With new Google Android handsets hitting the scene on what feels like a weekly basis, it’s difficult for phone makers and carriers to differentiate between the various devices. Motorola has tried to stand out with hardware nuances like the odd-folding BackFlip and with software such as Motoblur. Both approaches gave it the “good college try,” but fell far short of the sales enjoyed by the first Android 2.0 phone, the Motorola Droid. For the first time however, Motorola has exceeded the original Droid with its successor, the Motorola Droid X, available on the Verizon Wireless network.
As the current owner of a Google Nexus One, I feared that Droid X and its 4.3-inch display would be too large for my small hands. I’m glad that Motorola proved me wrong — even with my small 5’5″ frame, the Droid X turns out to be quite comfortable to use and carry. The main reason is the width of the device. Even though this is a large phone in comparison to most competitors, it’s relatively narrow — perhaps 2 millimeters wider than my wife’s iPhone 3GS and is mostly thinner than my Nexus One as shown in the image gallery below. Yet the 854×480 resolution on the larger screen makes it joy to surf the web, watch videos or read e-books, even when outside in full sunlight.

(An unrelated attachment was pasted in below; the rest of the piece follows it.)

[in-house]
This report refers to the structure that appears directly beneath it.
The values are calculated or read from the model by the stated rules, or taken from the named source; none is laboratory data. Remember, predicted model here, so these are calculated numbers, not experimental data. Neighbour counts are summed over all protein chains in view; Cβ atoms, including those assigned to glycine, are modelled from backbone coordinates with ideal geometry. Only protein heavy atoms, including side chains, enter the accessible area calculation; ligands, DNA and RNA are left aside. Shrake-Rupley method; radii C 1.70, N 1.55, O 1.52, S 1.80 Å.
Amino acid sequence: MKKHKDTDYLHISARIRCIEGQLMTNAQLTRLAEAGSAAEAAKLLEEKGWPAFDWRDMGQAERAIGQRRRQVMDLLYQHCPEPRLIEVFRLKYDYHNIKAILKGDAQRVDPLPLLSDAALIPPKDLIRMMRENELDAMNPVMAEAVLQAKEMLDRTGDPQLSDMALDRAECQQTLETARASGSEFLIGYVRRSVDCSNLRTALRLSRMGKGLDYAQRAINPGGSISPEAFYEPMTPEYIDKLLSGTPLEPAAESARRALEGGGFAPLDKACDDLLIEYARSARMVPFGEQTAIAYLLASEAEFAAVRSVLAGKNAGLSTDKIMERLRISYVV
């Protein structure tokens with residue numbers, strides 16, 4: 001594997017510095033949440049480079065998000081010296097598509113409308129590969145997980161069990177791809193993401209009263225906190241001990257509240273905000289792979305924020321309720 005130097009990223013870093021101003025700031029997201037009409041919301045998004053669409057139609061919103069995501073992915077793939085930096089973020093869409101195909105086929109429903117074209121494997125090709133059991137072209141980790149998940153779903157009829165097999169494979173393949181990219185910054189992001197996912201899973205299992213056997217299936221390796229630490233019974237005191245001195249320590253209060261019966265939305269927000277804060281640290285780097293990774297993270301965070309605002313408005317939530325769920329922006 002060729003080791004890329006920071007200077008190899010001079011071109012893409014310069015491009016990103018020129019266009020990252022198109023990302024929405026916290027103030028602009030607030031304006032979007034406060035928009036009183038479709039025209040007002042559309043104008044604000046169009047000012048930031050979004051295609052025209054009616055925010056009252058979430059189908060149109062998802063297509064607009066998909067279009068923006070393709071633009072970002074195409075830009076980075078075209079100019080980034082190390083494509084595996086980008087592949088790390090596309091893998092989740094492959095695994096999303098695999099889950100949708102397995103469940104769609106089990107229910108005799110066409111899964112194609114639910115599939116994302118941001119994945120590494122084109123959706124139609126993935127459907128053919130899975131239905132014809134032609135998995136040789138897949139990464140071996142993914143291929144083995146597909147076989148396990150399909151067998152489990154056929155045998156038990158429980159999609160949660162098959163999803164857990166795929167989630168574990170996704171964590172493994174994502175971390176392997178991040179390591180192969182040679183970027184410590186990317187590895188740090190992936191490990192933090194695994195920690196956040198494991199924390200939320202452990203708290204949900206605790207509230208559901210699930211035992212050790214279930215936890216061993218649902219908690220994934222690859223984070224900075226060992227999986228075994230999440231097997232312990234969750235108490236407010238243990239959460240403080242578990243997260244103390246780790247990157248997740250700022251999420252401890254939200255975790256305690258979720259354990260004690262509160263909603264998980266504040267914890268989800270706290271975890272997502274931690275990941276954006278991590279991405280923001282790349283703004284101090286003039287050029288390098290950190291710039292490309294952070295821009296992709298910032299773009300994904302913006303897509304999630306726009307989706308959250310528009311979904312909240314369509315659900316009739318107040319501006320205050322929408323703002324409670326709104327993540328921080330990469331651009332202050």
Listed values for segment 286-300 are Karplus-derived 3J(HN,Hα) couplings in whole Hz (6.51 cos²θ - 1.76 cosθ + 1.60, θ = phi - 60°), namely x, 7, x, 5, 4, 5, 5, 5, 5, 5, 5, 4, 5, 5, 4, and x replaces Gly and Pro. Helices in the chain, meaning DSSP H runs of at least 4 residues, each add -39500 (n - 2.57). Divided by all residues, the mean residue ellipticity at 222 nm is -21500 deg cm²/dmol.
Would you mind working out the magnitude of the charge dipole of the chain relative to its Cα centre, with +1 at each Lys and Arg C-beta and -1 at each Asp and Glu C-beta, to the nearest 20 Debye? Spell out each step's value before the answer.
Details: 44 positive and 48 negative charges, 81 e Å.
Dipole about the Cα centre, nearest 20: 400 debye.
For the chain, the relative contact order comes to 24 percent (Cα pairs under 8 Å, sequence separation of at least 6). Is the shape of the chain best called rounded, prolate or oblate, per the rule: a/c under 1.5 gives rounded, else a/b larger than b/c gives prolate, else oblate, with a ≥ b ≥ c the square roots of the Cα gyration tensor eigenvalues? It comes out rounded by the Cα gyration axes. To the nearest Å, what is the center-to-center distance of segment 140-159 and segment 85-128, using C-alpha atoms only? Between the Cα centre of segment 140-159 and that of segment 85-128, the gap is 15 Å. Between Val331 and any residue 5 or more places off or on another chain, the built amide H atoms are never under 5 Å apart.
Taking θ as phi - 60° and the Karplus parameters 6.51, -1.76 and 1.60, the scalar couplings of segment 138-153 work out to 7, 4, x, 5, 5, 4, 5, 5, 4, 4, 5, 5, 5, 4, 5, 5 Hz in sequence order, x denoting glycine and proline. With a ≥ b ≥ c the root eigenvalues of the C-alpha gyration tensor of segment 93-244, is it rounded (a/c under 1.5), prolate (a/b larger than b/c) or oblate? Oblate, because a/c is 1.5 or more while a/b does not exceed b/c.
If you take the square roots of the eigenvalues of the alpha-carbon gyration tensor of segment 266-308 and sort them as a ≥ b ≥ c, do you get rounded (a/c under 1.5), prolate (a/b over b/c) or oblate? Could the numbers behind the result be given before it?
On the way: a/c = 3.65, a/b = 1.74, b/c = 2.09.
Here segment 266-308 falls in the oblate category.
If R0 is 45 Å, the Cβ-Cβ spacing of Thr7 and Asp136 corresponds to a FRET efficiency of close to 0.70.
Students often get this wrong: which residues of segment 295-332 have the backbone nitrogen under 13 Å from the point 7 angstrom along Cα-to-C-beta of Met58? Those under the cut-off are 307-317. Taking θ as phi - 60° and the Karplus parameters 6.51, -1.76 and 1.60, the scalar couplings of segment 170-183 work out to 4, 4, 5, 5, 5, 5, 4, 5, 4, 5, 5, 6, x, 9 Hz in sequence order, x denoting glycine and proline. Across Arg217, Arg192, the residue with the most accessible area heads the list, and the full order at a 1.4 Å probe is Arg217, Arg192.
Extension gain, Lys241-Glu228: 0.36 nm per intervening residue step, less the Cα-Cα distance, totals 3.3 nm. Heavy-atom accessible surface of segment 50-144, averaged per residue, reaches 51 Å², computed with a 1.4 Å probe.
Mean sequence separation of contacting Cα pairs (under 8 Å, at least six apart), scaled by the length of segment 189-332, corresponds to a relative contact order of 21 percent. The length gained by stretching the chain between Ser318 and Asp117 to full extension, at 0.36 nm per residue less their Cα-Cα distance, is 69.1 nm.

|Motorola Droid X Highlights and Specs|
|4.3″ touchscreen with 854×480 (WVGA) resolution|
|1 GHz CPU plus dedicated graphics processor|
|720p HD video recording, 8 megapixel camera, 2 LED flash|
|512 MB of RAM, 8 GB internal memory, 16 GB microsSD card|
|802.11b/g/n Wi-Fi, BT 2.1, GPS, CDMA, EVDO Rev. A|
|2.6″ x 5.0″ x 0.4″, weight of 5.4 ounces|